Disciplinary proceedings are procedures members of an organization are subject to if they violate the rules and regulations set out by the organization. This provides a mechanism for internally enforcing rules and making sure members understand the consequences for violations. In some cases, these can include legal penalties, depending on the organization and the nature of the violation. Academic institutions and other groups with bylaws governing activities, like professional organizations and local governments, can all use disciplinary proceedings.
Bylaws usually spell out the procedure for handling discipline problems. It starts with a report of an issue, and a review by members in a position of authority to decide whether to move forward with proceedings. They can solicit more information, collect evidence, and may even conduct a trial. At a trial, parties to the matter will have an opportunity to speak, including witnesses to misconduct, the person charged with the rules violation, and other interested parties.
After confirming that a violation occurred, the officials in charge of disciplinary proceedings can set out an appropriate penalty. This may also be discussed in the bylaws. Typically penalties for a first offense are less severe; a student who cheats on a paper, for example, might receive a warning and a requirement to take a remedial class on properly sourcing in a research paper. Future violations might result in fines or expulsion from the organization.
Professional organizations like medical boards and bar examiners have the ability to strip members of professional credentials through disciplinary proceedings, just as governments can remove members from office through impeachment, a specific form of disciplinary proceeding. In these cases, the punishment has very serious ramifications for the wrongdoer, and the organization's members take care to make sure they follow their procedural standards and hear the case thoroughly before issuing a decision.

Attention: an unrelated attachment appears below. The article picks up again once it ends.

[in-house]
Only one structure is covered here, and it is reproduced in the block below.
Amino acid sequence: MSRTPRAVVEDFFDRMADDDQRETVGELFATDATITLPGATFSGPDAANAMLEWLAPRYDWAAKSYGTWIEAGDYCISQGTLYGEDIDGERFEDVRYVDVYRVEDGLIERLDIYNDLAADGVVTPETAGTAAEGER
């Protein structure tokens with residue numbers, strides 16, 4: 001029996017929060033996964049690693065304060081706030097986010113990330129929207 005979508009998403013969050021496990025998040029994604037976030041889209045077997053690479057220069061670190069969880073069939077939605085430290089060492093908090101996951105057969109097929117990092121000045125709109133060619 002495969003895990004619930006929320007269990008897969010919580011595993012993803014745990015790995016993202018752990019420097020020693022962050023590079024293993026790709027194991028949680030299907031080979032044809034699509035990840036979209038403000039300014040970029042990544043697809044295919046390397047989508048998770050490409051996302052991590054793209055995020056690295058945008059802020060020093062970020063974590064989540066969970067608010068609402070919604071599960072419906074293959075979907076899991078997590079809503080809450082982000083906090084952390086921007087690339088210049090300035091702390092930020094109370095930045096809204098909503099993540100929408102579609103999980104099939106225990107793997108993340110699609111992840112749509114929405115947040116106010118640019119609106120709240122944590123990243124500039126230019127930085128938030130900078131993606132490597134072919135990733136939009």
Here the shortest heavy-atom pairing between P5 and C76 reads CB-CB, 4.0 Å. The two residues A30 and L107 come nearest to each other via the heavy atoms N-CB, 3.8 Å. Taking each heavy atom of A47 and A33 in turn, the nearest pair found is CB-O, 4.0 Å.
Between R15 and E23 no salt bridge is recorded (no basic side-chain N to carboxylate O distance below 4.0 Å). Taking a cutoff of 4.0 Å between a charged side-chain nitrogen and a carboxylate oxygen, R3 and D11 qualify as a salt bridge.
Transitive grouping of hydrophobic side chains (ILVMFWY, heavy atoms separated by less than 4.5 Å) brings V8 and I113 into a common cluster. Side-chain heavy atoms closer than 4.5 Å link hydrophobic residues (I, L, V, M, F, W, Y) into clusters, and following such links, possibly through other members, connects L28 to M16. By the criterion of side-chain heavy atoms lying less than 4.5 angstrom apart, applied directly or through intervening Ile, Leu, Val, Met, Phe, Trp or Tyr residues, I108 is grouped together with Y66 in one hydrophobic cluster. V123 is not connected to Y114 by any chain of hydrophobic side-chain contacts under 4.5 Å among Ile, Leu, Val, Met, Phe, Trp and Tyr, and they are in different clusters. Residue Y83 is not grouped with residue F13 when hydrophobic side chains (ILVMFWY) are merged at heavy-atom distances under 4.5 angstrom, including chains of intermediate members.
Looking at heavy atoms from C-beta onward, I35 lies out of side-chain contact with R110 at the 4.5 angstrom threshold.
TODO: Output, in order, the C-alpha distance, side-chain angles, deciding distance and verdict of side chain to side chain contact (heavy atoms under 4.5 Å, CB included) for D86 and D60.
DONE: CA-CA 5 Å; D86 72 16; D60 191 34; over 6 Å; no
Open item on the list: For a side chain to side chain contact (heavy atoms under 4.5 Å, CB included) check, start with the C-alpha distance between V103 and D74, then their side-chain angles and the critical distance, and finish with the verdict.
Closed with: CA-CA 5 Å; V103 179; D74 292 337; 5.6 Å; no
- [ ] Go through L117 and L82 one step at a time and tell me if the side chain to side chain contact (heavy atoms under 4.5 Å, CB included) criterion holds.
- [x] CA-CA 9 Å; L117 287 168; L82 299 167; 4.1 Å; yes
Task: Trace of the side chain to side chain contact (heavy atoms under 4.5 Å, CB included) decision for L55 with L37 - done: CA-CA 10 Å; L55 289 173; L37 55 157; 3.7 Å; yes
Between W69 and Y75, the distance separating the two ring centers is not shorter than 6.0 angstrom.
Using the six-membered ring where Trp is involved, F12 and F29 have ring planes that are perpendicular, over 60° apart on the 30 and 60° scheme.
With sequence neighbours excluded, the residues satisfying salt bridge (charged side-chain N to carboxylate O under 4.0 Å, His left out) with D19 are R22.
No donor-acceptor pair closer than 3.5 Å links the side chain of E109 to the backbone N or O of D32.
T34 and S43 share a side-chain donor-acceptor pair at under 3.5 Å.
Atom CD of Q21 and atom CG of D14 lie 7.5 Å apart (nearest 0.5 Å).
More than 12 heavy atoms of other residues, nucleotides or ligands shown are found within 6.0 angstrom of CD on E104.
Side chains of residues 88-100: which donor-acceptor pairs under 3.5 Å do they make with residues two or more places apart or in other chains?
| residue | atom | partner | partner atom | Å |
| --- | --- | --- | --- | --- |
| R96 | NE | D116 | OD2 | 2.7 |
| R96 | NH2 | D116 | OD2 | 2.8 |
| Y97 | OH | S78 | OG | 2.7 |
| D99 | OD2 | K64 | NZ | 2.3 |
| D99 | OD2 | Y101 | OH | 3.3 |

Records of disciplinary proceedings are kept on file and in some cases may be available on request. Consumers can look up records for attorneys and doctors to see if they have ever been charged with professional misconduct and what the outcome of the charges was. The information can also become important in a court case; a negligent doctor, for example, may be barred from practice and also subject to a civil suit for damages. Any cases that make their way into civil or criminal court will become a matter of public record, and any discussion of organizational disciplinary proceedings that comes up during the trial will also go on the record.